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Date: Sun, 24 Jul 2011 08:40:34 -0400
From: Rich Felker <>
Subject: Re: holywar: malloc() vs. OOM

On Sun, Jul 24, 2011 at 02:33:25PM +0400, Vasiliy Kulikov wrote:
> Rich,
> This is more a question about your malloc() failure policy for musl than
> an actual proposal.
> [...]
> In theory, these are bugs of applications and not of libc, and they
> should be fully handled in programs, not in libc.  Period.
> But looking at the problem from the pragmatic point of view we'll see
> that libc is actually the easiest place where the problem may be 
> workarounded (not fixed, surely).  The workaround would be simply
> raising SIGKILL if malloc() fails (either because of brk() or mmap()).
> For the rare programs craving to handle OOM such code should be used:

This is absolutely wrong and non-conformant. It will also ruin all
robust programs and result in massive data loss, deadlock with shared
locks due to failure to release locks before termination, and all
sorts of ills. It also creates trivial DoS opportunities; for example
you could kill a daemon that uses glob() simply by passing it a glob
expression that matches millions or billions of files. (It may be a
bad idea, from a load standpoint, to be using glob in a daemon, but it
should simply result in high load then failure, not crashing.)

> #define _OOM_MAY_FAIL_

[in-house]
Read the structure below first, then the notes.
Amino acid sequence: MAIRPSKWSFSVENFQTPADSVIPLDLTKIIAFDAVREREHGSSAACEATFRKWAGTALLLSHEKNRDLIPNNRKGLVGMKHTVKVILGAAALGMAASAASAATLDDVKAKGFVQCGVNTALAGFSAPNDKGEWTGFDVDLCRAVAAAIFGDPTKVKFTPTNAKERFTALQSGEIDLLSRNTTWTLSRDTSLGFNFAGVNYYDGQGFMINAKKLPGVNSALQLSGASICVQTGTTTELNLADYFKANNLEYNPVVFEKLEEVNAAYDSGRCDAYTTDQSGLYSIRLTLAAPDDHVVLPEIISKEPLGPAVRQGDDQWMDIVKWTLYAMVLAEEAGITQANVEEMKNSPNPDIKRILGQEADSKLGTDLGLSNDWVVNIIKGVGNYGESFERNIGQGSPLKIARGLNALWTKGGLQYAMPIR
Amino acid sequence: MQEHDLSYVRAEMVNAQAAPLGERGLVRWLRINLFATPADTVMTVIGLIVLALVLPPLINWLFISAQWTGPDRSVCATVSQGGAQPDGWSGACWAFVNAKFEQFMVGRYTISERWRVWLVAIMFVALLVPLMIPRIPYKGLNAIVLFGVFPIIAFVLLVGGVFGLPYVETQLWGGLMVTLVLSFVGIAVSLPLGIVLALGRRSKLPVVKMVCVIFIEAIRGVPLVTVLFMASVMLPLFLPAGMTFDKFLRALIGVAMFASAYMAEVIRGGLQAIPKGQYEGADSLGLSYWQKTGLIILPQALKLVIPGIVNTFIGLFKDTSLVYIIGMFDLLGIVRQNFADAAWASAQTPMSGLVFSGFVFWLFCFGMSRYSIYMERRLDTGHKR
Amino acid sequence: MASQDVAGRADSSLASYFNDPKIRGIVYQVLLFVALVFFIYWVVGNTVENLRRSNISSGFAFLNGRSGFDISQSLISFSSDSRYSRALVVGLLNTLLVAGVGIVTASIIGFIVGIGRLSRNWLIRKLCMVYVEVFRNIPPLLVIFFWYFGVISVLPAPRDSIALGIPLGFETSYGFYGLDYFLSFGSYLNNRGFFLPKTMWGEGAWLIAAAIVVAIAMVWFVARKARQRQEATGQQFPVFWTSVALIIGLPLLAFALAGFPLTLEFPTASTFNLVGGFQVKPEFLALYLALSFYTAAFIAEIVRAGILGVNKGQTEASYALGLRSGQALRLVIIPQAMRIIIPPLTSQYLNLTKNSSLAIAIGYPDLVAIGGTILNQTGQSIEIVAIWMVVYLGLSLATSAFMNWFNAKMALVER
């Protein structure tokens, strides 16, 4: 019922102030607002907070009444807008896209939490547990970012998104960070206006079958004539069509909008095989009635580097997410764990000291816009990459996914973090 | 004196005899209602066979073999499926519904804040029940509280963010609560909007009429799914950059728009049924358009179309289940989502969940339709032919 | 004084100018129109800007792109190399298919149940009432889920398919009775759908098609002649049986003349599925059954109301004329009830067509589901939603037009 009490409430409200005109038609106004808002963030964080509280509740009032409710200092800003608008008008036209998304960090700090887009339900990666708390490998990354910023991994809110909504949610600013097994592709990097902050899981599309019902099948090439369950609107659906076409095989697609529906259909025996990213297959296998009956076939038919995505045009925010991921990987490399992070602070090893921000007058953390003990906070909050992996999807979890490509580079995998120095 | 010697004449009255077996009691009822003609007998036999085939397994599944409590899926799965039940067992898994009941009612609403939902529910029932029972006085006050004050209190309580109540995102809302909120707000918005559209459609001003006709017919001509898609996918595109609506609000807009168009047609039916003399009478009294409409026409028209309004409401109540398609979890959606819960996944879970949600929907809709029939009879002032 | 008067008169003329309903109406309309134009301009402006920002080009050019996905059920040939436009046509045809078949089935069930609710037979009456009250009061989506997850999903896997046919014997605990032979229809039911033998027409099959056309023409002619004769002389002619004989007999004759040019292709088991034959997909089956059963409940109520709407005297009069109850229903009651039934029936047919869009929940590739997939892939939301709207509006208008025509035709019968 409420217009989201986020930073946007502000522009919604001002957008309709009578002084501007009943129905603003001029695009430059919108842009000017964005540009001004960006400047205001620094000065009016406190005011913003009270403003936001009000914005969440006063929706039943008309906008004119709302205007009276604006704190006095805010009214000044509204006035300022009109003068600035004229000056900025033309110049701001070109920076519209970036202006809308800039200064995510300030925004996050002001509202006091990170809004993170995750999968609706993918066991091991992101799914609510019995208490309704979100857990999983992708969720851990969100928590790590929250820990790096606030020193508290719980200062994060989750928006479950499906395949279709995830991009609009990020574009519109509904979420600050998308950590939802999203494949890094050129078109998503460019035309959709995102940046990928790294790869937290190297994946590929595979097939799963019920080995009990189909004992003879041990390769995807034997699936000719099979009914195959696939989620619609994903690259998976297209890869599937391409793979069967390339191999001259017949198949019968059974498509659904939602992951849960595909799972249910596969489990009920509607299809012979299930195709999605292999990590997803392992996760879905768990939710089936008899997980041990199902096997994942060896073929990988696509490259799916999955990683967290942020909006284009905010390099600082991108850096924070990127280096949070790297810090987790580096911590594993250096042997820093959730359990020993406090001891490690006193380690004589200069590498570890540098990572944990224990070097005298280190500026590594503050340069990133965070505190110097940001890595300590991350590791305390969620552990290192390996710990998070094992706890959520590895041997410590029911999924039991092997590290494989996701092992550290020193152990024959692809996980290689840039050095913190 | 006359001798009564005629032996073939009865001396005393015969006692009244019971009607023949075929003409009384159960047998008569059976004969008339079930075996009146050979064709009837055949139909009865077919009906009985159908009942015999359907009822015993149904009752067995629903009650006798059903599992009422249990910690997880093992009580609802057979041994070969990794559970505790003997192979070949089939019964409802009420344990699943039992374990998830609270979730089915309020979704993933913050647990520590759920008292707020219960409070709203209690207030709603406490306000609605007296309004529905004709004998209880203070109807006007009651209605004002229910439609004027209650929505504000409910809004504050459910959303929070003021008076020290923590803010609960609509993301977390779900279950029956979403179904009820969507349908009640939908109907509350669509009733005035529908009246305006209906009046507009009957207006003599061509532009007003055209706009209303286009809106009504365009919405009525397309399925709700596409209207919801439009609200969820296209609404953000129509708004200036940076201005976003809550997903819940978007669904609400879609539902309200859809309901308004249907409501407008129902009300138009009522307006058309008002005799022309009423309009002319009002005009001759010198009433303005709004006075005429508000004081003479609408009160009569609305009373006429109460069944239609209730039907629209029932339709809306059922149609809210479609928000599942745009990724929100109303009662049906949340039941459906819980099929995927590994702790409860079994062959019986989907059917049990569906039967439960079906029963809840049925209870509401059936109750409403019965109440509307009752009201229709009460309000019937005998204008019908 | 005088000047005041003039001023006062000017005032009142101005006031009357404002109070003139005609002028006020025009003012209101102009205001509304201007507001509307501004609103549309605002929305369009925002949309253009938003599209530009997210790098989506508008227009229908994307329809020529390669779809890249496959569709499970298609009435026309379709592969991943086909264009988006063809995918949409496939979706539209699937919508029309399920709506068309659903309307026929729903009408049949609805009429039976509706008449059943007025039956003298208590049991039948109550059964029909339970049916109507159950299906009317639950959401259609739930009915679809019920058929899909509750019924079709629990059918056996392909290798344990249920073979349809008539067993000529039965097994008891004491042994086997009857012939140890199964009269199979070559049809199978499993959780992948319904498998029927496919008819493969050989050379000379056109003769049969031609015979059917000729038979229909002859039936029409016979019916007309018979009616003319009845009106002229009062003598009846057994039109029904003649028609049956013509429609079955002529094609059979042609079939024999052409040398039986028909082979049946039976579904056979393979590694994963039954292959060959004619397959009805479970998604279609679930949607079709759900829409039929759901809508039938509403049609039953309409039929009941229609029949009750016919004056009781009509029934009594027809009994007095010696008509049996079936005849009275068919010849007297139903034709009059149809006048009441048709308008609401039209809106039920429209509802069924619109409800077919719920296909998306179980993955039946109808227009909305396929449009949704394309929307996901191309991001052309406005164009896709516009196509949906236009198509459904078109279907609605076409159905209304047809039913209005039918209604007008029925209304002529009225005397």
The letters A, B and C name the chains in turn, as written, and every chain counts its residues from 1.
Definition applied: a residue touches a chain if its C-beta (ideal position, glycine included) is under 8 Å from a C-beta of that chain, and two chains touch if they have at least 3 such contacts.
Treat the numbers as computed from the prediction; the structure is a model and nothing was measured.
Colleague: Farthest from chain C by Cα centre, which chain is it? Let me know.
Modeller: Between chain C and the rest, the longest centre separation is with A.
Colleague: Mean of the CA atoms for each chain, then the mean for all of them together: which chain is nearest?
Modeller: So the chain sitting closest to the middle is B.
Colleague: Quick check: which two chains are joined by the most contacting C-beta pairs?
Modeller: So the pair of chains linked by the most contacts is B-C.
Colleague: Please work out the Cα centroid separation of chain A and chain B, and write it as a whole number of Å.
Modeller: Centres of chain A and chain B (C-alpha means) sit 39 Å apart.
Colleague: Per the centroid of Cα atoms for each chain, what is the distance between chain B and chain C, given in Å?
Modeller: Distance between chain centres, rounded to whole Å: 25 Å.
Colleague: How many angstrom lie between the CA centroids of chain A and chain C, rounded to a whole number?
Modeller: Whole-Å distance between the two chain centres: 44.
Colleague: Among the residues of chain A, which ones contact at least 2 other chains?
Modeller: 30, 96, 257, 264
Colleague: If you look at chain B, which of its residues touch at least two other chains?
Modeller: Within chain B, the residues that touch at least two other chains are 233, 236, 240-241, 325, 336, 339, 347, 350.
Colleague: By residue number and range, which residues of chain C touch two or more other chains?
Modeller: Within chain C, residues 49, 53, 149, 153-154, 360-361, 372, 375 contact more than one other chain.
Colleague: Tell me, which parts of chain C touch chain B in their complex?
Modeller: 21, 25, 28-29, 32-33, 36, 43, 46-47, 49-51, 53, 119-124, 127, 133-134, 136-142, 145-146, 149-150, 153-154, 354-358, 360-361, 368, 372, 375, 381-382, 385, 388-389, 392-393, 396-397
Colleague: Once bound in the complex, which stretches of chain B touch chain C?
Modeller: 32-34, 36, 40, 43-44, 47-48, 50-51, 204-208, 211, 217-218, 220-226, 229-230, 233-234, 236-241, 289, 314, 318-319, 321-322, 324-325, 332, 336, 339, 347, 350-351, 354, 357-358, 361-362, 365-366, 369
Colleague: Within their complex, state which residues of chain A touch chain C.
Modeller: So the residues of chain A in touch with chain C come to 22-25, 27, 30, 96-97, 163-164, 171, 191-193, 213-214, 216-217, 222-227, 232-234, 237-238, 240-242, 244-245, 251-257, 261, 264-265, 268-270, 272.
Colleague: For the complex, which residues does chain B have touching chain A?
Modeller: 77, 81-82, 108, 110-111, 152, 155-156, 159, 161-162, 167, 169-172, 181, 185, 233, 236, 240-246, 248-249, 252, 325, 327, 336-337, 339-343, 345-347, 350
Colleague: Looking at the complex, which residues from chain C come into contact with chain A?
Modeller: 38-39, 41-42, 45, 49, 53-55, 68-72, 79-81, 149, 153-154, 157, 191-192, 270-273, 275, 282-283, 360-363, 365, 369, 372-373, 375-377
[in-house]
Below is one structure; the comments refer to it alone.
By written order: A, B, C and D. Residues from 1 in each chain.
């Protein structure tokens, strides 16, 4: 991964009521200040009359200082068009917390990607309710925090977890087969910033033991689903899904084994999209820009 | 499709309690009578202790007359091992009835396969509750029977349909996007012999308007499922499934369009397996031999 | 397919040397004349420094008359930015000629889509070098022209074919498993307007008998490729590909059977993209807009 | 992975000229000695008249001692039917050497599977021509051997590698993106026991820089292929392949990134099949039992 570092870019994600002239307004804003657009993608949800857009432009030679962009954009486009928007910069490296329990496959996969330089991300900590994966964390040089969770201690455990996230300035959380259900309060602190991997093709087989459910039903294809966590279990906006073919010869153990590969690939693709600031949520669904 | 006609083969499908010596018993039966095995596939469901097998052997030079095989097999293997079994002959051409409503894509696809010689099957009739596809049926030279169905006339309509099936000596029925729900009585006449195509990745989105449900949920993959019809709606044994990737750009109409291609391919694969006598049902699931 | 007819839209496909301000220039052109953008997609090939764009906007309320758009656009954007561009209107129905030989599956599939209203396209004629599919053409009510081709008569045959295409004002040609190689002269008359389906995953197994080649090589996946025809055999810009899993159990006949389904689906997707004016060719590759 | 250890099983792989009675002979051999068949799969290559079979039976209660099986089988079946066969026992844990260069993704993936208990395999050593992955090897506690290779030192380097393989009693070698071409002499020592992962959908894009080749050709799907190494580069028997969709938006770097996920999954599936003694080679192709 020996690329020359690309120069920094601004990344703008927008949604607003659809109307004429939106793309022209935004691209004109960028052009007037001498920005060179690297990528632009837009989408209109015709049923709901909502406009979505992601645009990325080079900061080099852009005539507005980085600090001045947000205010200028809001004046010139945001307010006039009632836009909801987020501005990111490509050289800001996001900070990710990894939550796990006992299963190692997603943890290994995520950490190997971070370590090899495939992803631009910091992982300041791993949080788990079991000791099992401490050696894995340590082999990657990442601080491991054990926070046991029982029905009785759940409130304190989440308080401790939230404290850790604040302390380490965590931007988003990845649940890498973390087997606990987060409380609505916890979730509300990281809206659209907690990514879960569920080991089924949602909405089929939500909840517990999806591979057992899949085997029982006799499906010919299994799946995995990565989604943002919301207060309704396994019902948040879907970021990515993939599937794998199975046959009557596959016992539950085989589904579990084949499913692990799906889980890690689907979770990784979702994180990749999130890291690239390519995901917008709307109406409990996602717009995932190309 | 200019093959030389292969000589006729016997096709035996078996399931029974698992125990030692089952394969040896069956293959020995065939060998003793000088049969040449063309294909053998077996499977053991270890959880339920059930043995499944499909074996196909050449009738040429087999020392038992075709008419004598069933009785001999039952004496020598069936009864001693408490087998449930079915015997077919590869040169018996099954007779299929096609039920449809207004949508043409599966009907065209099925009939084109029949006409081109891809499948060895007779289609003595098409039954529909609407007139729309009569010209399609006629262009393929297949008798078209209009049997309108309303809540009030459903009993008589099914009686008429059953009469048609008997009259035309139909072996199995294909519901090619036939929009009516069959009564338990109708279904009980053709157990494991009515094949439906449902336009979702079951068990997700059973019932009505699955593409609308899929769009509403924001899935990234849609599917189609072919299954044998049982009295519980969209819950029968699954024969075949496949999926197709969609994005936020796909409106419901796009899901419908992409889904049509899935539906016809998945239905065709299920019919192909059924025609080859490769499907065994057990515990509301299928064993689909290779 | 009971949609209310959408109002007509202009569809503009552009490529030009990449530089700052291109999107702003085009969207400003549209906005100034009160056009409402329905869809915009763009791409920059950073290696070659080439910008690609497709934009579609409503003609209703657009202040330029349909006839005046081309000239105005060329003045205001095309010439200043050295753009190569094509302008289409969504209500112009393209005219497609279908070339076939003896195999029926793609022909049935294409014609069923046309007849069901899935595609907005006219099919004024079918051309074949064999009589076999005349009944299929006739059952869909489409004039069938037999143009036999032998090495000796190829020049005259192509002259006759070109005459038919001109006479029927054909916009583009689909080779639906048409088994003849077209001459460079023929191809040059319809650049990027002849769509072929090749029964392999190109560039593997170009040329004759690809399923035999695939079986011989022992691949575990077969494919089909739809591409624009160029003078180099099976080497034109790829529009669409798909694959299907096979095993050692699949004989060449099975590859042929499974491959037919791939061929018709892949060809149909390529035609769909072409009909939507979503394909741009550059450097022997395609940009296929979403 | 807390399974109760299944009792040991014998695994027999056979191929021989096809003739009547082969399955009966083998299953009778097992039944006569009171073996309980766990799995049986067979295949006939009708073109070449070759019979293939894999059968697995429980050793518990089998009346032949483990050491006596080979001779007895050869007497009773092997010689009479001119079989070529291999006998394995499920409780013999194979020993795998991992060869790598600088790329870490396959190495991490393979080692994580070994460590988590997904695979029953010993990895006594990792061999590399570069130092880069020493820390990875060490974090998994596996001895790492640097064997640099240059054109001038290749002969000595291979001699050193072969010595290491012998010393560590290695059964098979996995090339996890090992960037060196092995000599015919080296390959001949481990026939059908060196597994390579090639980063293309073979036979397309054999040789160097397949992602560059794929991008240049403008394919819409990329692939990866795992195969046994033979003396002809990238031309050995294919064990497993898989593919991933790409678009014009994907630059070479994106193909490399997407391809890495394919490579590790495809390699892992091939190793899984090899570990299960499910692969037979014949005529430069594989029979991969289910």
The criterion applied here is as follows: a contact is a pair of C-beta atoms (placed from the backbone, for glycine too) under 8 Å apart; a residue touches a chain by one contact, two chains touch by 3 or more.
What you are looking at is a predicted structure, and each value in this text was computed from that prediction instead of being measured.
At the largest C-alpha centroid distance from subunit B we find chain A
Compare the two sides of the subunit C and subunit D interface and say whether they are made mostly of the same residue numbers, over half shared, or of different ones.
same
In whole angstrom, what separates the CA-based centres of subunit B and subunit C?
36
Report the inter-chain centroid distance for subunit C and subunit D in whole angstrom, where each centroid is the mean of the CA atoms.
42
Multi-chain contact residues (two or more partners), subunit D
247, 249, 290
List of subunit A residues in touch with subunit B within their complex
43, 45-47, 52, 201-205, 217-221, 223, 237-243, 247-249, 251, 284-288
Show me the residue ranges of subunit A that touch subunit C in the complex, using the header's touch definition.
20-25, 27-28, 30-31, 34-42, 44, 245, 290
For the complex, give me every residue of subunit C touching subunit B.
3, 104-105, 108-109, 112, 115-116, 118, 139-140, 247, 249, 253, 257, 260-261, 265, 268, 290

> #include <stdlib.h>
> Then the workaround is disabled.

Being broken by default is not acceptable to me. The other way around
could be acceptable, but I'm very doubtful that it would fix any
real-world bugs. The modern mmap min address is very high, and it's
quite rare for apps to access the end of their allocation before the
beginning anyway. The only common situation I can think of where it
might happen to initially access a high offset first is when calling
glibc's memcpy which sometimes chooses to copy backwards. musl's
memcpy does not take this liberty, even if it might be faster in some
cases, for that very reason - it's dangerous to access high offsets
first if a program was not careful about checking the return value of

A better solution might be to have a gcc option to generate a read
from the base address the first time a function performs arithmetic on
a pointer it has not already checked. This is valid because the C
language does not allow pointer arithmetic to cross object boundaries,
and this approach could be made 100% correct rather than being a
heuristic that breaks correct applications. It would impose some
performance cost, but I doubt it would be high. (Note: Some special
handling might be required for "one past the end of an array" pointers
here. I'd have to think a bit longer to work out the details but I
think it's possible to handle them safely in a similar way.)

> Probably I overestimate the importance of OOM errors, and (1) in
> particular.   However, I think it is worth discussing.

I don't think you overestimate the importance of OOM errors. Actually
Linux desktop is full of OOM errors that ruin usability, like file
managers that hang the system for 5 minutes then crash if you navigate
to a directory with a 15000x15000 image file. Unfortunately I don't
think it's possible to fix at the libc level, and fixing the worst
issues (DoS from apps crashing when they should not crash) usually
involves both sanity-checking the size prior to calling malloc *and*
checking the return value of malloc...

BTW great subject line! :-)


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